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Lesson 0 : The Most Important Guitar Lesson!

The Most Important Guitar Lesson You Will Ever Learn

Be patient and don’t get frustrated. Learning to play guitar can be a long process. If you stay patient and practice you will improve eventually even if it feels like you aren’t. Always remember this, “The slower you go, the faster you will get there”.

This blog takes the nitty gritty approach – note by note, chord by chord, no stone left unturned. If you ever get frustrated when you see someone amazing playing ask them how long it took them to gain their skill. Like anything worth learning it takes gumption and it takes time. 

The Guitar

The guitar is one of the most popular instruments of all time. It makes a very pleasing sound. It is small and light enough to carry around and it has a romantic appeal.
The guitar is very versatile. It can be played on it’s own or within a band. It’s tone complements the voice and it gives a good full backing to singing. It has a wide range of notes and makes a good solo instrument as well. It is extremely satisfying and entertaining to play for musicians of all levels of skill.
Classical guitars generally have nylon strings, whereas acoustic and electric guitars usually have steel strings. Each type of string has it’s own character which suits different kinds of music and playing styles.
Nylon strings give a much mellower tone and are easier on the fingers then steel strings. The 1st, 2nd and 3rd strings (the thinner strings) are usually a single strand of nylon. The thicker 4th, 5th and 6th strings are nylon strands wound with silver or bronze plated copper wire.
Steel strings give a brighter, louder sound. Although they are a little harder on the fingers then nylon strings, you soon become used to them. The thinner 1st and 2nd strings are usually plain nickel-plated steel as well as sometimes the 3rd. The other thicker ones are tightly wound with wire.
Guitars come in many shapes and sizes and although they may all appear similar must of them are made very differently. Steel string guitars are built much more strongly because the strings have alot more tension and force on the wood. You should never put steel strings on a classical or nylon string guitar because the instrument will be easily damaged.
Nor is it a good idea to put nylon strings on a steel string guitar because the guitar will sound dead and the strings will buzz. If you have any doubt whatsoever ask your local musical instrument retailer.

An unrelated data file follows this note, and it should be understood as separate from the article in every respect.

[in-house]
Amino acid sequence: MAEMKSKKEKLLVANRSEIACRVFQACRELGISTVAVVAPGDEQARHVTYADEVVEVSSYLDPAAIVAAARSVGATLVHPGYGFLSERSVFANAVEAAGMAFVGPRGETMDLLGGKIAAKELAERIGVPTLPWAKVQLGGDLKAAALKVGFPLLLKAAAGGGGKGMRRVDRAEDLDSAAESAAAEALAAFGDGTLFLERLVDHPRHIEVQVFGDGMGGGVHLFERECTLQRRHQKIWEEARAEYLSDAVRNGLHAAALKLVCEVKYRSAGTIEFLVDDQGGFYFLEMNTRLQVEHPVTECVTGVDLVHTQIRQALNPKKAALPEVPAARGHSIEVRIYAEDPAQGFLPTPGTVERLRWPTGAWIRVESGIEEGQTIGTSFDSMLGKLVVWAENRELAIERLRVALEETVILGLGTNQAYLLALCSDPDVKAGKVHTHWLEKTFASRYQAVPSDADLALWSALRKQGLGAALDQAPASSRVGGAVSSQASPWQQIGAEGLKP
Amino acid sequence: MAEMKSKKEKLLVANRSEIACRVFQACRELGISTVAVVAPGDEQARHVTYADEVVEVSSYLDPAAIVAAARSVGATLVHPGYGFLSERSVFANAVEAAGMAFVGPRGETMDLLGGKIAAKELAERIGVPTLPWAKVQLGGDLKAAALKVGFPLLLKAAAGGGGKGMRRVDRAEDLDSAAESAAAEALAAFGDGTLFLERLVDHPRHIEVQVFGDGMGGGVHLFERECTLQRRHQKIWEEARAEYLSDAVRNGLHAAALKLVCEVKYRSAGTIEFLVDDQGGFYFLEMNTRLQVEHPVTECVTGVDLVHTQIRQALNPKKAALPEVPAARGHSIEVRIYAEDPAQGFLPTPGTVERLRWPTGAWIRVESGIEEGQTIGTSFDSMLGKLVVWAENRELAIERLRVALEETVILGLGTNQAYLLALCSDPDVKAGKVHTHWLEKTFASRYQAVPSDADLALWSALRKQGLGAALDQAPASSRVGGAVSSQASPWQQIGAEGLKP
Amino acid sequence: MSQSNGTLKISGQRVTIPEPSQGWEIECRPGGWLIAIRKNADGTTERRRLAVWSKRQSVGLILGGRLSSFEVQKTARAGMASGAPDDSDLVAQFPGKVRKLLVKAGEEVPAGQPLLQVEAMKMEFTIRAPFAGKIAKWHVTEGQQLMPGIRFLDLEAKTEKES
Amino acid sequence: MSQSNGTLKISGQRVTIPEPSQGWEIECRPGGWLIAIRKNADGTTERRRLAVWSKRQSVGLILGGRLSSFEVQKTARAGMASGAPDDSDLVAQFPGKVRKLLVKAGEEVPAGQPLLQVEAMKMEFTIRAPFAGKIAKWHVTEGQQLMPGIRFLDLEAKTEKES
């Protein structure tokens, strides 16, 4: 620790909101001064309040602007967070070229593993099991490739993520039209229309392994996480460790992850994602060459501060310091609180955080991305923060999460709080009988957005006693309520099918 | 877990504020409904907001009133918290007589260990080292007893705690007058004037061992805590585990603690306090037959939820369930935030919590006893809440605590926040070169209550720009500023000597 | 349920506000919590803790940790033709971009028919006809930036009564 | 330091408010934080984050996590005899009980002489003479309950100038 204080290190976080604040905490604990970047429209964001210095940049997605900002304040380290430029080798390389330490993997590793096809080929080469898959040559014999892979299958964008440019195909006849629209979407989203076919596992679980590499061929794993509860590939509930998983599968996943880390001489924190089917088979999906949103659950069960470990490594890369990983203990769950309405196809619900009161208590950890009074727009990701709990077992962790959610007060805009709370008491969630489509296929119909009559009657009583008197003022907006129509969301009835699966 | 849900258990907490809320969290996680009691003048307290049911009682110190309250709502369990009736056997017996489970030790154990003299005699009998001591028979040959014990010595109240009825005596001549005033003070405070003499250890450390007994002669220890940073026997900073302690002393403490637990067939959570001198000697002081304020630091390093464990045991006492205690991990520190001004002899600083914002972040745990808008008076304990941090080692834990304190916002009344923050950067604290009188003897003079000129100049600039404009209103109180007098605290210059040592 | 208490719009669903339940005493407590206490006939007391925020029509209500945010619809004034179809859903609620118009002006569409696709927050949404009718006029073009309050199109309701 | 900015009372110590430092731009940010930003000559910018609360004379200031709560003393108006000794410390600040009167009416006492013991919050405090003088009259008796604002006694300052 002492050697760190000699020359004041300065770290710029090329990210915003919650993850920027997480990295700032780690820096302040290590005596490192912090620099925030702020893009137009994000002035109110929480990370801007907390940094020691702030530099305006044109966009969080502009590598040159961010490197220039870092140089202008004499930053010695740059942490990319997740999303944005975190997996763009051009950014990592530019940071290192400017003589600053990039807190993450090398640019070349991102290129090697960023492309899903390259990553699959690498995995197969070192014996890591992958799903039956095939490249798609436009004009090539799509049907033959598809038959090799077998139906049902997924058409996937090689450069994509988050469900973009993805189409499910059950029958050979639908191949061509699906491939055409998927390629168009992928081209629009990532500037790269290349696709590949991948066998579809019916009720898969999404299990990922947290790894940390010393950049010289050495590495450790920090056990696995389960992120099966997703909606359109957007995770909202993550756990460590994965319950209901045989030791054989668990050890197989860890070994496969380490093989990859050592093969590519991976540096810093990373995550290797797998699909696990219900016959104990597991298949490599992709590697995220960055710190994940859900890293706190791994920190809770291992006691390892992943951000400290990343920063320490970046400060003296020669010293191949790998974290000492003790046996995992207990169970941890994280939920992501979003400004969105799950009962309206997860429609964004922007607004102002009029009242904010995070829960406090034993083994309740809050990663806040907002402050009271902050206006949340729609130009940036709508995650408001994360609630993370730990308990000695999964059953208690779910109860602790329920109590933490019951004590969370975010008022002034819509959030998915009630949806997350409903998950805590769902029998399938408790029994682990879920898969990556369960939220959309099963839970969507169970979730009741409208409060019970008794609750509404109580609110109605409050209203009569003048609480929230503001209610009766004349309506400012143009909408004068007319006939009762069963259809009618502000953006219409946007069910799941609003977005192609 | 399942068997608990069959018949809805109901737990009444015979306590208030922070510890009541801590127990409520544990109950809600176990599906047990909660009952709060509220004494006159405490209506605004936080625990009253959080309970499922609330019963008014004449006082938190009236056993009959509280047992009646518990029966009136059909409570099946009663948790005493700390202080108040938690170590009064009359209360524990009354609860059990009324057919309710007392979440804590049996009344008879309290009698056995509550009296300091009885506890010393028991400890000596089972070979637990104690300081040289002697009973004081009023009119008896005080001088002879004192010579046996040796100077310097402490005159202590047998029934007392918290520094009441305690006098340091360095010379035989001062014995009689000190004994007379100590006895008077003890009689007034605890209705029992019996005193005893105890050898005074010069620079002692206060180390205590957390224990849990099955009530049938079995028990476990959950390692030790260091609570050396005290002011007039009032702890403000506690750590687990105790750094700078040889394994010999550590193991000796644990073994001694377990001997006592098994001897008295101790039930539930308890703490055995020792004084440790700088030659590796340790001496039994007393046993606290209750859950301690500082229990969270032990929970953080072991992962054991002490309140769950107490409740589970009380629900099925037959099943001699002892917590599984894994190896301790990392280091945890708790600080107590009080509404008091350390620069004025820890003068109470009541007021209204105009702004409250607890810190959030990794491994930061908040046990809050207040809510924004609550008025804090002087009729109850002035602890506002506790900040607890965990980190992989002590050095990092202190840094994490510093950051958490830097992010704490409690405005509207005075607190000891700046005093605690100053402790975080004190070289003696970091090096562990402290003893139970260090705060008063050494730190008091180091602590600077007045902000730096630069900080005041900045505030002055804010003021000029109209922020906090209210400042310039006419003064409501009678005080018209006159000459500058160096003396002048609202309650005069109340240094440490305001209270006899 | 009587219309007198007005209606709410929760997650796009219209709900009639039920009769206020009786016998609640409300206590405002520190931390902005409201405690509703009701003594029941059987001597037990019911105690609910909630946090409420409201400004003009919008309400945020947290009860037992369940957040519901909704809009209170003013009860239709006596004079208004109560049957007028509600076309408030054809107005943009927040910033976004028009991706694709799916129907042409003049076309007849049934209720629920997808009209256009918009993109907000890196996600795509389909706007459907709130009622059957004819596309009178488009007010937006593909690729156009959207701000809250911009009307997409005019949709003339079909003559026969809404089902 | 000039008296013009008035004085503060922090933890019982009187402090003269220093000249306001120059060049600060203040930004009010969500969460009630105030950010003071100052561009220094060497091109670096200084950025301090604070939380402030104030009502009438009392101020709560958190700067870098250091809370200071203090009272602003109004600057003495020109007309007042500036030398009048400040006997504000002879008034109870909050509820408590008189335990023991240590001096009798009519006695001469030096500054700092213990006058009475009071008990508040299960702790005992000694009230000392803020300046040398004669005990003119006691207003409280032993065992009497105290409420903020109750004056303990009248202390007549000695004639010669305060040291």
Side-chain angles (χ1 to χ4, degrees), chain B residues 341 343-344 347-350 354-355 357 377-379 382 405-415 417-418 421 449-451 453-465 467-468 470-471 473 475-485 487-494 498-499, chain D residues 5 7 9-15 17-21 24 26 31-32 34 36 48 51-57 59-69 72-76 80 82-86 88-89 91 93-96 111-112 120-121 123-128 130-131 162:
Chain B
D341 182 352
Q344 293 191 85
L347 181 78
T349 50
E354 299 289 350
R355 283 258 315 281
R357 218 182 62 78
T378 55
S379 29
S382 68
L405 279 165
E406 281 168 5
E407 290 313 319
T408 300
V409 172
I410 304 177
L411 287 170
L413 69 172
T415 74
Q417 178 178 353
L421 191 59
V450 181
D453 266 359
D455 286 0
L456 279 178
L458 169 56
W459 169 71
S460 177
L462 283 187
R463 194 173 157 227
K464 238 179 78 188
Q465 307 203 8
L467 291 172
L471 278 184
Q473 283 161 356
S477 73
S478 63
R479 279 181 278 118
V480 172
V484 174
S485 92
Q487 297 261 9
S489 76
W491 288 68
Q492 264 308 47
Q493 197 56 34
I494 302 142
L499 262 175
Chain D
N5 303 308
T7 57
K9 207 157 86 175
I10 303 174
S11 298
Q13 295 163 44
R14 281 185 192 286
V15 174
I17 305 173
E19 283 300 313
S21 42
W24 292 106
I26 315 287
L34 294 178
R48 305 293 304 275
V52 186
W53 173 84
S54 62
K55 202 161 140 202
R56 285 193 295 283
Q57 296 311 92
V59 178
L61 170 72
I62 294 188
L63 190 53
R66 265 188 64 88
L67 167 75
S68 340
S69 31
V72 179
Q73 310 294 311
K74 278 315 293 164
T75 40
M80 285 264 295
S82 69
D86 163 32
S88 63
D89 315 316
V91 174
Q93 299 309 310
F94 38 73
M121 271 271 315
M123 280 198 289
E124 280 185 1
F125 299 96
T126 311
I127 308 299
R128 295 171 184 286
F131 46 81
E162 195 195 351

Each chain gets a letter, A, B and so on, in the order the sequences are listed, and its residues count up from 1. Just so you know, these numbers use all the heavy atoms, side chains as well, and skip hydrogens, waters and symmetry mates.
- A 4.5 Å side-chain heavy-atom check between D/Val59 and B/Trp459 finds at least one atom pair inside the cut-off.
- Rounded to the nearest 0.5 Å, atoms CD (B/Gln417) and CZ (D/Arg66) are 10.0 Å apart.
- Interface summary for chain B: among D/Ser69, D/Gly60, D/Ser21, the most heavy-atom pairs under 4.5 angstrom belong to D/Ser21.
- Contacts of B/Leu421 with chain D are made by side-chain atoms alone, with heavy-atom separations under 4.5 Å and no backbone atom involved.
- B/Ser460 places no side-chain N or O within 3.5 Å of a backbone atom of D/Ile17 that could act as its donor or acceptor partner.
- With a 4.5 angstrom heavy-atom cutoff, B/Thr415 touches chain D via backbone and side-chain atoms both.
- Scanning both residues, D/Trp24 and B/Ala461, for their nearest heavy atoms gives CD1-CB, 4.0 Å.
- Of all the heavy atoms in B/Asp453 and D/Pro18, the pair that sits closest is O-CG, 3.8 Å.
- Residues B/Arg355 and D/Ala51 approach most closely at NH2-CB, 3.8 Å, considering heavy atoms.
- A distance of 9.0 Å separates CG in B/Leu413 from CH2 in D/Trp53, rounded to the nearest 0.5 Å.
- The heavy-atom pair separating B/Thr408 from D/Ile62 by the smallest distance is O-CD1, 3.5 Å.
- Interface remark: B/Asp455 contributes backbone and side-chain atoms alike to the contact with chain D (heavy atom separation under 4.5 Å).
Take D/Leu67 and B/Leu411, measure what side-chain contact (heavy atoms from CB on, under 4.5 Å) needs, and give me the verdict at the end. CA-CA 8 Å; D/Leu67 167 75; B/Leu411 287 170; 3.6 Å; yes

Your choice of a nylon or steel strung guitar should depend on the sound you prefer and the types of music you want to play.


Classical and Flamenco Guitars

Sometimes known as Spanish guitars, these instruments are very suitable for Classical Style solo playing Flamenco Music and for accompanying singers. The nylon strings are plucked or strummed with the right-hand thumb or fingers – a pick is never used. The Flamenco Guitar is similar to the classical Guitar but has plates to protect the face of the guitar during golpe tapping.

Round-hole Steel Strung Guitars

The most common type of Acoustic guitar found in North America, these all-round instruments are used for most popular guitar music; pretty much everything except Classical or Flamenco. They may be finger-picked, or played with a Guitar Pick. They are suitable for accompanying singing and playing with others. Pick-ups may be added to those guitars for playing with an amplifier.
The Jumbo is a Round-hole Guitar with an extra large body which gives a deep bass sound.
The 12-string Guitar is similar to the Jumbo, but is a more specialized instrument. It is not recommend for absolute beginners.

Semi Acoustic Guitars

These very slim guitars give enough acoustic (un-amplified) sound for practicing, but are otherwise played with an amplifier. They are lighter than Solid Guitars and often have a better tone when amplified.
Cello Guitars are similar but have a thicker body. They are played with or without an amplifier and give a chunky rhythm sound.

Electric Guitars

Electric Guitars are only played with an amplifier, as they have no real acoustic sound. They are made in various shapes, styles and sizes and usually come with a solid body. You can also use effects pedals and different types of contraptions to alter the sound.
Semi-Acoustic and Solid Body Guitars have lower action then an Acoustic or Classical Guitar, and are ideal for fast ‘electric’ playing – Jazz, Rock, Pop, etc.
Electric guitars are generally played with a guitar pick.
All the best!